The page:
While Hawaii and Alaska are the two states most often associated with volcanic eruptions, 11 of the 18 very highest threat volcanoes on U.S. soil are located in the Western United States – 4 in Washington, 4 in Oregon & 3 in California. (note: Yellowstone is ranked 21st).
The updated national volcanic threat assessment presented here is not a forecast or indication of which volcanoes are most likely to erupt next. Rather, it is an indicator of the potential severity of impacts that may result from future eruptions at any given volcano. As such, the assessment can be used to help guide and prioritize volcano research, hazard assessment, emergency planning and preparation, and monitoring efforts by Federal, state, and local government.
- In 2010 airline traffic in Europe was disrupted by the eruption of Iceland’s Eyjafjallajökull volcano (see study The vulnerability of the European air traffic network to spatial hazards), halting many flights for nearly a week.
- When Mount Pinatubo erupted in the Philippines in 1991, within a year its aerosol cloud had dispersed around the globe, resulting in `an overall cooling of perhaps as large as -0.4°C over large parts of the Earth in 1992-93’ (see USGS The Atmospheric Impact of the 1991 Mount Pinatubo Eruption).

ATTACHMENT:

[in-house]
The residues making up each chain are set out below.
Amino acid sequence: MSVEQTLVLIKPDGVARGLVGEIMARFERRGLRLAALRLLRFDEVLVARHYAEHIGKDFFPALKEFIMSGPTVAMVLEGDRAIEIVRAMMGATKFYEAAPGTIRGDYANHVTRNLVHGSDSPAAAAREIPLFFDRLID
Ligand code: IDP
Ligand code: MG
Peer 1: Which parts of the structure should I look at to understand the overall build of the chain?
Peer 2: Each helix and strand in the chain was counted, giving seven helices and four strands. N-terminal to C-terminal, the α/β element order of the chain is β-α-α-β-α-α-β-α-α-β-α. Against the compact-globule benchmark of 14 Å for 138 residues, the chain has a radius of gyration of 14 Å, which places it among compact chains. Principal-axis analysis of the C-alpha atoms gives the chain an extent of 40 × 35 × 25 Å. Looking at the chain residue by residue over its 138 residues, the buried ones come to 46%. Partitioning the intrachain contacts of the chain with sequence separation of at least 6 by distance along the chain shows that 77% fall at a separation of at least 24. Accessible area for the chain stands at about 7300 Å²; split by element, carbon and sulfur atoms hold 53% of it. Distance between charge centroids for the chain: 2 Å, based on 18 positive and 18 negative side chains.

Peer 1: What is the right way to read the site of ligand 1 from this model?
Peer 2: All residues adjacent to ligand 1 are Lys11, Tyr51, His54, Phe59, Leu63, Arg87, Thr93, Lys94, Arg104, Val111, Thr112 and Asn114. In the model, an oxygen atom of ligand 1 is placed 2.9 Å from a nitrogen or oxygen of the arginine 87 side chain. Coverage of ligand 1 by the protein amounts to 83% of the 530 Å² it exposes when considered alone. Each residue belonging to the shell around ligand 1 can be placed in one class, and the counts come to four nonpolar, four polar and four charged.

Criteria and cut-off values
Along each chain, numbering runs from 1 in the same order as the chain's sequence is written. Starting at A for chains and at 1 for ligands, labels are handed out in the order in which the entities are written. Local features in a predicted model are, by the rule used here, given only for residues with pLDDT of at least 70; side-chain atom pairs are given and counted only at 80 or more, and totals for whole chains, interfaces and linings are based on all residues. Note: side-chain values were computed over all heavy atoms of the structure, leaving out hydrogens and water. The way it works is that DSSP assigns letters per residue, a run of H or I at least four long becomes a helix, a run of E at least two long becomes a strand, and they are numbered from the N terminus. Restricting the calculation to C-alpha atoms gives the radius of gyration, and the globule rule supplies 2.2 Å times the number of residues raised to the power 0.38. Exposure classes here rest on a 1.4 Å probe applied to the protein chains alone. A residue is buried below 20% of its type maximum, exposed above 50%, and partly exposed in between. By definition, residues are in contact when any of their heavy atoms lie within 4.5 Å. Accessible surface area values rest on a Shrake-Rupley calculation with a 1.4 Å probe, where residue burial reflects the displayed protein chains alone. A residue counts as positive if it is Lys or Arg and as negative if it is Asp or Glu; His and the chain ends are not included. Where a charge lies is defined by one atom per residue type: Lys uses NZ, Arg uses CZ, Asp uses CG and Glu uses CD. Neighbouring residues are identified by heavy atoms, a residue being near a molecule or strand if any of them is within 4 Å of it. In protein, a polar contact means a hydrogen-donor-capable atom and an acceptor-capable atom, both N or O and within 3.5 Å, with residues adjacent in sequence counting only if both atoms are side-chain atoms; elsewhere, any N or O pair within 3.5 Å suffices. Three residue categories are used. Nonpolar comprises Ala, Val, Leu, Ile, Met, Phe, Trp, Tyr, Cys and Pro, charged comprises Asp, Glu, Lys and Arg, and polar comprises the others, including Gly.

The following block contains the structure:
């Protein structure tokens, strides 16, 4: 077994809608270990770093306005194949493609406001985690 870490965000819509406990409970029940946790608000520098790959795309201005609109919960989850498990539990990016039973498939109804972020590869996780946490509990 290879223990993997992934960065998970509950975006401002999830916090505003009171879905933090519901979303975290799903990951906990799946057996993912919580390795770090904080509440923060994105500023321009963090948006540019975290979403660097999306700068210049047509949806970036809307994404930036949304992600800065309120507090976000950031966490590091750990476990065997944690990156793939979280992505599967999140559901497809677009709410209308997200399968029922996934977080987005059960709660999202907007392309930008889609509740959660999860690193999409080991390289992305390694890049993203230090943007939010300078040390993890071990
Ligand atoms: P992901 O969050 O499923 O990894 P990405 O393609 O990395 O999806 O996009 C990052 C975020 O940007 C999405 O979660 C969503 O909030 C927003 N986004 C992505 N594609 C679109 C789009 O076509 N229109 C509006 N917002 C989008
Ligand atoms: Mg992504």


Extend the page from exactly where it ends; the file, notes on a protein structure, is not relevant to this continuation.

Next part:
- In 1783 the Craters of Laki in Iceland erupted and over the next 8 months spewed clouds of clouds of deadly hydrofluoric acid & Sulphur Dioxide, killing over half of Iceland’s livestock and roughly 25% of their human population. These noxious clouds drifted over Europe, and resulted in widespread crop failures and thousands of deaths from direct exposure to these fumes (see 2012 UK: Civil Threat Risk Assessment)
The 40 page 2018 update to the U.S. Geological Survey national volcanic threat assessment and summary are available at this USGS link.